httpd-dev mailing list archives

Site index · List index
Message view « Date » · « Thread »
Top « Date » · « Thread »
From "Roy T. Fielding" <field...@kiwi.ICS.UCI.EDU>
Subject Re: [PATCH] lingering_close performance improvement
Date Mon, 10 Feb 1997 09:01:35 GMT
>It's a shame how buggy browsers can cause Apache to implement a
>function that slows performance and kills machines unless OS
>makers patch their stacks to enable a FIN_WAIT_2 timeout...
>Doesn't this seems like a LOT of trouble to go thru? We are
>jumping through hoops and making OS vendors do the same to work around
>buggy browsers... This, to me, seems incredibly warped.

Seems like normal to me.  Both Netscape and Microsoft are incredibly
selfish, lazy, arrogant, and brain-numbingly shortsighted organizations.
In other words, they are just like their customers.  The fact that other
Internet products can interoperate without going through hoops is
solely due to the cooperation of other Internet software developers
and not due to any great robustness in the HTTP/TCP/IP protocols.

However, there is nothing new here -- these problems are well-known in
the IETF and are supposed to be fixed in the TCP API.  In fact, they
would be fixed, if it wasn't for the bugs in all the operating systems
that are equally hopeless when it comes to implementing SO_LINGER right.
RFC 793 even includes a discussion of the linger algorithm and explains
exactly why server implementers like us would want to do a half-close.

Let's get something completely clear:  Even if Apache did not exist, the
OS *still* requires a FIN_WAIT_2 timeout.  There simply doesn't exist a
world in which it is okay for a server to be left holding the bag forever
just because the client has not yet sent a FIN.  Just ask the Sun folks,
who recognized (and fixed) this problem in Solaris 2.2.  It is not, and
has never been, a violation of the TCP standard to have a FIN_WAIT_2
timeout -- the authors just left it under the general category of
"User Timeout" which applies to any state, and didn't include it in the
state diagram.  The ONLY reason we are seeing this problem now, and not
before, is because keep-alive clients behave differently than non-keep-alive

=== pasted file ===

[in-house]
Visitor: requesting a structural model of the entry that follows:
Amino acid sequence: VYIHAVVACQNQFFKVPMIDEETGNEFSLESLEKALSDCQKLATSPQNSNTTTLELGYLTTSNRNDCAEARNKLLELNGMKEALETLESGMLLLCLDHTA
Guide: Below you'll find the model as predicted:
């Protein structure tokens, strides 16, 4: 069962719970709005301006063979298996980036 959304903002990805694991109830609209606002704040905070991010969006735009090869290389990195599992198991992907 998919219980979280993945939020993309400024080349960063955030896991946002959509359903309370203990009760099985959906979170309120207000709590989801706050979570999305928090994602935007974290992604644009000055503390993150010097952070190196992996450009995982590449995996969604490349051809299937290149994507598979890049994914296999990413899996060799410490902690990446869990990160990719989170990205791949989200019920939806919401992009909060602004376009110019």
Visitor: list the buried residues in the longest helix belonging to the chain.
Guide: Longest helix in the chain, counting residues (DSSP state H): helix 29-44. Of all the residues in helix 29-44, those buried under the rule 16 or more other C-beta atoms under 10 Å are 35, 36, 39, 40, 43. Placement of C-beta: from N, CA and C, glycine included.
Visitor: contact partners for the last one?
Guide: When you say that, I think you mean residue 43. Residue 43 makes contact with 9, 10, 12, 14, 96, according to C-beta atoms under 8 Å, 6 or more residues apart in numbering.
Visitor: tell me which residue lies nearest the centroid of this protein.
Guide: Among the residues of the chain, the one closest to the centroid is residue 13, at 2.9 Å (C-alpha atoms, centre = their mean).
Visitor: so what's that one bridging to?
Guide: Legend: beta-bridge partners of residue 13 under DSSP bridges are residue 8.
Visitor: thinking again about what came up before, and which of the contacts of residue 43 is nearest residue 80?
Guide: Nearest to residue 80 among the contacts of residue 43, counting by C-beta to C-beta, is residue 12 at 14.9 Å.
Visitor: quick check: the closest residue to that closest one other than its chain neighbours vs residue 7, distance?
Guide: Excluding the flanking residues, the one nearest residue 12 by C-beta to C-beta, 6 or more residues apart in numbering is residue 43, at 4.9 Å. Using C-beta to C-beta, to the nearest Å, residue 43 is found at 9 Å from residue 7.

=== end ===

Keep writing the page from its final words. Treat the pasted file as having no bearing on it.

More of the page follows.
clients.  The FIN_WAIT_2 timeout is necessary because it will cause an
Apache 1.1.3 server (with full keep-alive enabled, including Mozilla/2)
to reboot just as quickly as an Apache 1.2b6 server.  We fixed the other
problems with lingering_close after 1.2b4, and we can reduce the overhead
even more with my performance patch, but we can't do a damn thing about
the client keeping a connection alive when the server-side has closed.

I have talked to the program manager for MSIE and he has assured me that
it will be fixed in MSIE 4.0b2 (b1 has already been frozen).  Has anyone
talked to Lou about closing the client sockets after server FIN?  In this
case, a browser will want to behave nicely because it is in their best
interests to close the connection during the idle time between requests,
rather than at the start of the next request.

You need to remember that I've been dealing with these issues for over
two years now.  All those low-level TCP discussions in the HTTP/1.1 spec
are not there because we thought it was an interesting topic of conversation.
If an HTTP client or server does not recognize the limitations of TCP
and act accordingly, it will never see the HTTP messages which are sent
in times of error or resource limitations.

>If we disable lingering_close(), it puts the "blame" (I know,
>nasty word) back in the browsers court, and OS vendors don't need
>to patch their stacks at all. And all the cases which l_c() are
>supposed to help can be handled more effectively, and more logically,
>on the browser side anyway, it seems to me.

They both have bugs to fix, so I have no problem with forcing them to
fix their bugs.  We are living in a networking environment that hasn't
caught up with the new demand for networking usage; we shouldn't be
surprised if a few old eggs get broken as both servers and clients attempt
to respond to new needs.

.....Roy

Mime
View raw message